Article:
What’s new in bookstores this week

Posted Sunday, Jun. 08, 2014  comments  Print Reprints
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• Pulitzer Prize-winning Texas author Nick Kotz will talk about his book — 2013’s The Harness Maker’s Dream: Nathan Kallison and the Rise of South Texas (TCU Press, $25.95) — at two Fort Worth events. At noon Wednesday: Sylvia Wolens Daytimers at Beth-El Congregation, 4900 Briarhaven Road. Registration is required: www.bethelfw.org/donations. At 10:30 a.m. Saturday: Center for Texas Studies in partnership with the Fort Worth Library’s Community History Workshop Series at the Central Library, 500 W. Third St.; 817-392-7323. Free.

• Rod Davis, Texas author and College Station resident, will sign his new book, South, America (NewSouth Books, $24.95), from 6 to 7 p.m. Thursdayat Louie’s, 1839 N. Henderson Ave., Dallas; 214-826-0505. It’s a hard-boiled murder mystery set in New Orleans, featuring journalist Jack Prine.

• Author Kris Rutherford will talk about and sign his book Baseball on the Prairie (April 1, The History Press; $19.99), about the Texas League’s early days, at 10:30 a.m. Saturday at Layland Museum, 201 N. Caddo St. in Cleburne; 817-645-0940. Free.

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Here’s what’s new in bookstores this week.

•  Cold Shot by Mark Henshaw (Touchstone, $24.99) — The author, a veteran CIA analyst, made a splash in 2012 with his debut, Red Cell, featuring the exploits of analysts Kyra Stryker and Jonathan Burke. In this insider’s peek into the world of covert affairs, Stryker and Burke are hot on the trail of a “dangerous Iranian nuclear scientist” who’s trying to build a bomb in politically unstable Venezuela. Throw in Somali pirates, an Iranian ship with radioactive cargo aboard, and a delicate balancing act between diplomacy and uncovering — and trying to stop — a deadly plot.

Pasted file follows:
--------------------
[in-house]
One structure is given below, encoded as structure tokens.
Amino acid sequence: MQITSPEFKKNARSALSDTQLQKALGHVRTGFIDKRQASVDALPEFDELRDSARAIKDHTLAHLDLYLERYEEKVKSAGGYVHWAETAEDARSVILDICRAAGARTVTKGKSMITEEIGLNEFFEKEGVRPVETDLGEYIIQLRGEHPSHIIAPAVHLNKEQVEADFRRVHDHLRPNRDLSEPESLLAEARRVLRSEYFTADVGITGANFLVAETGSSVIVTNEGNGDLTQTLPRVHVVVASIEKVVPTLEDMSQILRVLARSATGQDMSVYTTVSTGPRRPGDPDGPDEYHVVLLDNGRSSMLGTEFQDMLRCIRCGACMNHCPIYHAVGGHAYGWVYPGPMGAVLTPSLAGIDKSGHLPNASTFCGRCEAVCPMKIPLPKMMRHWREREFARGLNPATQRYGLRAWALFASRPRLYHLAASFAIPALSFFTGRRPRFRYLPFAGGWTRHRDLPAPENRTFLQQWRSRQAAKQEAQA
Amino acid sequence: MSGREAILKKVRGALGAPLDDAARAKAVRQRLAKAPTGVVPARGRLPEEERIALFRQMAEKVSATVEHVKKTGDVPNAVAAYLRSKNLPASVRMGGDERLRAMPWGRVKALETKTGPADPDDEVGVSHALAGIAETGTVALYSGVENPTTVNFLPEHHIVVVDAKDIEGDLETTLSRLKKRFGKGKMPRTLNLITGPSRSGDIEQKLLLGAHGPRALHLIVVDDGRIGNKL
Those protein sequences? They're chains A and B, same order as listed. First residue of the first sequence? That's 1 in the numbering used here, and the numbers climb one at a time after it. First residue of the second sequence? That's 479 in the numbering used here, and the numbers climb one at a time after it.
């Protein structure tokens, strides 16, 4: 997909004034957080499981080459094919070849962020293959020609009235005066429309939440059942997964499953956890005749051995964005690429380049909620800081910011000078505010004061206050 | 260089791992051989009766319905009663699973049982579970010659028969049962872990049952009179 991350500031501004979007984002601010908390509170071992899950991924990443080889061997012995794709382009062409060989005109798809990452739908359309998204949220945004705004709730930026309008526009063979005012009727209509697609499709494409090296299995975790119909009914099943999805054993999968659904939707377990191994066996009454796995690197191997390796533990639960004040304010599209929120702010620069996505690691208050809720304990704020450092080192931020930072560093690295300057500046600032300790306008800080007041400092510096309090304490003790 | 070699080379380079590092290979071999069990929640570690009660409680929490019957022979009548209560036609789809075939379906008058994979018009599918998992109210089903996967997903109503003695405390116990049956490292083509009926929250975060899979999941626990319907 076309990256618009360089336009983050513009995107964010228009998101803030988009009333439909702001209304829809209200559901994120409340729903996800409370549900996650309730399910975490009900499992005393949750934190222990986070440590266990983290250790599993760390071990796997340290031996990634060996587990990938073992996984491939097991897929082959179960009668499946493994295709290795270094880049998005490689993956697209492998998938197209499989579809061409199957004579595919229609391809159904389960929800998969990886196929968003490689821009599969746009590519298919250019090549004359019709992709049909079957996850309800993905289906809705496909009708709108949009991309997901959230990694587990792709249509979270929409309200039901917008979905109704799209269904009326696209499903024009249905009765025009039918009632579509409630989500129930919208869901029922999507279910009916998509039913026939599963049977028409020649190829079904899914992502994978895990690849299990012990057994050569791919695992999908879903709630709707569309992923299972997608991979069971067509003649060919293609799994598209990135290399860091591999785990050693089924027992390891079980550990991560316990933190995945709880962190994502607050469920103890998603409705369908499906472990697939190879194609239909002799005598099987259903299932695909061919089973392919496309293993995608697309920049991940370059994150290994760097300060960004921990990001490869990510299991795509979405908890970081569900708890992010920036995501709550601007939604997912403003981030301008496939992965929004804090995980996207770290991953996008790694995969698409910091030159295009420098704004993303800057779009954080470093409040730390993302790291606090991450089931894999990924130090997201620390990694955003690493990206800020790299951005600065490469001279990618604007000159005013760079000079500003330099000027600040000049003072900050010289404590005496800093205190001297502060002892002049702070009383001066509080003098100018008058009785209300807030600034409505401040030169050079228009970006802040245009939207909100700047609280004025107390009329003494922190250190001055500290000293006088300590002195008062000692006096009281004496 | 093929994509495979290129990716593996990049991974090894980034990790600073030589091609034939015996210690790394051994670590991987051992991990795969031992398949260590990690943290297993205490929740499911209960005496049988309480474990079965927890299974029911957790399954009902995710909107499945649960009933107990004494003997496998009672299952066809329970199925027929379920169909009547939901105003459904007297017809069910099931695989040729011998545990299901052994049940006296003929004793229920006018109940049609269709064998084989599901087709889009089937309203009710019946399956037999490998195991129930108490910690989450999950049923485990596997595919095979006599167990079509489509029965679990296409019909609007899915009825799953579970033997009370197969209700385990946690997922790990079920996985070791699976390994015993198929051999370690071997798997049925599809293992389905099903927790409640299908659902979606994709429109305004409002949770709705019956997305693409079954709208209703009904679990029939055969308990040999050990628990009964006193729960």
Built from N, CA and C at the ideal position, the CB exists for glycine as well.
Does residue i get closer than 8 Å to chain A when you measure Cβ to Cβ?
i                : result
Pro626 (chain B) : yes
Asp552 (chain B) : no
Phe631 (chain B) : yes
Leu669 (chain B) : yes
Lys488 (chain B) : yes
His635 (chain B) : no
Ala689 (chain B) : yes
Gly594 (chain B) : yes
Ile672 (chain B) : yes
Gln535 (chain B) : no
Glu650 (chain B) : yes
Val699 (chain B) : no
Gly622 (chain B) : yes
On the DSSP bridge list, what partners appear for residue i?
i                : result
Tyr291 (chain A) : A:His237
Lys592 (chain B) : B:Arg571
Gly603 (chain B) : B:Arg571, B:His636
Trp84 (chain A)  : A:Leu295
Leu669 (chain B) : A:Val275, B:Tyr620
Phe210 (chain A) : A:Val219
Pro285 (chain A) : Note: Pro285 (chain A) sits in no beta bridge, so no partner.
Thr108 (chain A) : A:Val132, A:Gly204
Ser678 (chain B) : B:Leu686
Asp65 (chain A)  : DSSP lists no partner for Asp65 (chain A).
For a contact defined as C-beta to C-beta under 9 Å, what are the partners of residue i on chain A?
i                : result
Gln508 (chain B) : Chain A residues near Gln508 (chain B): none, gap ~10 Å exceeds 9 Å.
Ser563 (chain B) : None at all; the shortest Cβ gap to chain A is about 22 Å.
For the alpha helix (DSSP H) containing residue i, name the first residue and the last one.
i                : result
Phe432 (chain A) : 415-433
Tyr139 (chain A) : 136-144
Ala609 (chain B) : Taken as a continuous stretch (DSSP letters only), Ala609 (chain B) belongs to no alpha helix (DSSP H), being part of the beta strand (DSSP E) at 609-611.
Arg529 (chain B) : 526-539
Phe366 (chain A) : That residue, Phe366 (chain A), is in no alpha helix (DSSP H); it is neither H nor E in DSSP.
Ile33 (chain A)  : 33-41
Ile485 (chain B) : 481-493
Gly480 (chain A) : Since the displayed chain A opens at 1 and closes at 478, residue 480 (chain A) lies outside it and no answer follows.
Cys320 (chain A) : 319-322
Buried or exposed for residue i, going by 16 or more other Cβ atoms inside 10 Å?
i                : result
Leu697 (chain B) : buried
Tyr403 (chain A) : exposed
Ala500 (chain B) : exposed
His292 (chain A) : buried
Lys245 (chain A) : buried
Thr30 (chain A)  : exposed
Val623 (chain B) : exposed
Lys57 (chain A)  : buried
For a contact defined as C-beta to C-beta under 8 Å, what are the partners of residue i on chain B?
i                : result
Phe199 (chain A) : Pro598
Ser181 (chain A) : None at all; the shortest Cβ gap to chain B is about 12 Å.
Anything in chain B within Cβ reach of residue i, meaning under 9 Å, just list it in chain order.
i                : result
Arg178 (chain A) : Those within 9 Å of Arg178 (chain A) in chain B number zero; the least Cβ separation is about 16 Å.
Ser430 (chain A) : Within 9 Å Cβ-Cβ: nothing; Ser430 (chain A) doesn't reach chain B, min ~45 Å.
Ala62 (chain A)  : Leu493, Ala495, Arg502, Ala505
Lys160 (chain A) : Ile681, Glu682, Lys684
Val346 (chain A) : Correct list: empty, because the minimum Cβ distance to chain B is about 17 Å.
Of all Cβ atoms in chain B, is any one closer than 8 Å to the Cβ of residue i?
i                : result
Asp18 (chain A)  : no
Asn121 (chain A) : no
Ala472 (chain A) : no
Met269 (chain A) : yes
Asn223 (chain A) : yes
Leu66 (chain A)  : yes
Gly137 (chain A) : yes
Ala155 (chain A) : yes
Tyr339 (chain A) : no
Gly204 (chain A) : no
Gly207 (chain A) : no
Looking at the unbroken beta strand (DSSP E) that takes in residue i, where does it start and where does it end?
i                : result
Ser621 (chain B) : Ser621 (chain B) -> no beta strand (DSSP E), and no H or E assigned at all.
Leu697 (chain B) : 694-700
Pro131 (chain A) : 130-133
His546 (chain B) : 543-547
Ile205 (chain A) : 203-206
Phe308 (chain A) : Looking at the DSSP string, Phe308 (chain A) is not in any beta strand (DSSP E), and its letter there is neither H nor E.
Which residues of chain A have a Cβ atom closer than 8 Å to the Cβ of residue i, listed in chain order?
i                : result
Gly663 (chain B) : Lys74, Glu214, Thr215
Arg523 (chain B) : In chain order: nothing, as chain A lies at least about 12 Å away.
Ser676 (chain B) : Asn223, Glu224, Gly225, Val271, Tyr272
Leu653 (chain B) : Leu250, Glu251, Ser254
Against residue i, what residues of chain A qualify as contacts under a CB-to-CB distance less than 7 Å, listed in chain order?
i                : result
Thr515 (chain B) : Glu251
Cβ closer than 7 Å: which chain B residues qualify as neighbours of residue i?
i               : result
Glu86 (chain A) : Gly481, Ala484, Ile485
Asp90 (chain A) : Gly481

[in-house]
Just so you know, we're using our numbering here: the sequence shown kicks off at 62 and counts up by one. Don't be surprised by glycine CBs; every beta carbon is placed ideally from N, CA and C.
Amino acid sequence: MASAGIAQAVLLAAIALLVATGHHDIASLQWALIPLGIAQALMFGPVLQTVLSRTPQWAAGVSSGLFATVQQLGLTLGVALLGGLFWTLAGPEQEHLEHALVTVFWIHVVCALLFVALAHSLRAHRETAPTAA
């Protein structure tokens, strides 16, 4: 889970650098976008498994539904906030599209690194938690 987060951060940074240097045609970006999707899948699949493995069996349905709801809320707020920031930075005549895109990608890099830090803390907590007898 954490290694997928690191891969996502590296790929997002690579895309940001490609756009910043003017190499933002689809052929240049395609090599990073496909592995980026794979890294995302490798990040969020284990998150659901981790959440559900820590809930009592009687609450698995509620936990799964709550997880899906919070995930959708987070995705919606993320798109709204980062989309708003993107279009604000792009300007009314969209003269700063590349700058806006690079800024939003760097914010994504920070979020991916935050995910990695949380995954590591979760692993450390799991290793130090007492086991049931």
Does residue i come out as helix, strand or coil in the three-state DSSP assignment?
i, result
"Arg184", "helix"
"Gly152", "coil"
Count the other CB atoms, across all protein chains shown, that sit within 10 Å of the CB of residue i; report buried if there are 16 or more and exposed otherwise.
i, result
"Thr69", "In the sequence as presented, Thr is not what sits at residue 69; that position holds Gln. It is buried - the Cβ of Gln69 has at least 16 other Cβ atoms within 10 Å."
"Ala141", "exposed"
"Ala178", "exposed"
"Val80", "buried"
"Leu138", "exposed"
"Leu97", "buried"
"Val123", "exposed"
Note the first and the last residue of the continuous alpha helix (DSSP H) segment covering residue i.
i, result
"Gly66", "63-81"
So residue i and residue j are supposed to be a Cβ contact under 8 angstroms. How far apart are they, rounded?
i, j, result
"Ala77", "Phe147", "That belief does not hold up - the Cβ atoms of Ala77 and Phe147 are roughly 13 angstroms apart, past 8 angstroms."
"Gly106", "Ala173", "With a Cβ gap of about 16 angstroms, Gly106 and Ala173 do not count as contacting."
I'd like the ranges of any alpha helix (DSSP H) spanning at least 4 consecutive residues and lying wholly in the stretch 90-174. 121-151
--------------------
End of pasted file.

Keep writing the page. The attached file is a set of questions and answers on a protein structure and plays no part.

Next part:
•  Above the East China Sea by Sarah Bird (Knopf, $25.95) — The author, a columnist for Texas Monthly, heads east — Far East — for her ninth novel, following 2011’s The Gap Years. It’s the dual stories of two young women: Luz, an Air Force brat in present-day Okinawa, and Tamiko, a schoolgirl trapped between the occupying Japanese and the Americans on the island during a World War II invasion. It’s multigenre fare: historical fiction, mystery, fantasy, contemporary fiction and love letter to the people and culture of Okinawa.

•  We Are Called to Rise by Laura McBride (Simon & Schuster, $25) — This is the debut novel for the author, a community college teacher in Las Vegas. It’s set in present-day Las Vegas and follows the parallel stories of seemingly disparate people in crisis. There’s an 8-year-old immigrant boy trying to fit in, a soldier recovering from a wound he doesn’t remember getting in a hospital he doesn’t know, a middle-aged woman with a crumbling marriage and a troubled son, and a city social worker. And all their paths are on a surprising collision course.

— Celeste Williams

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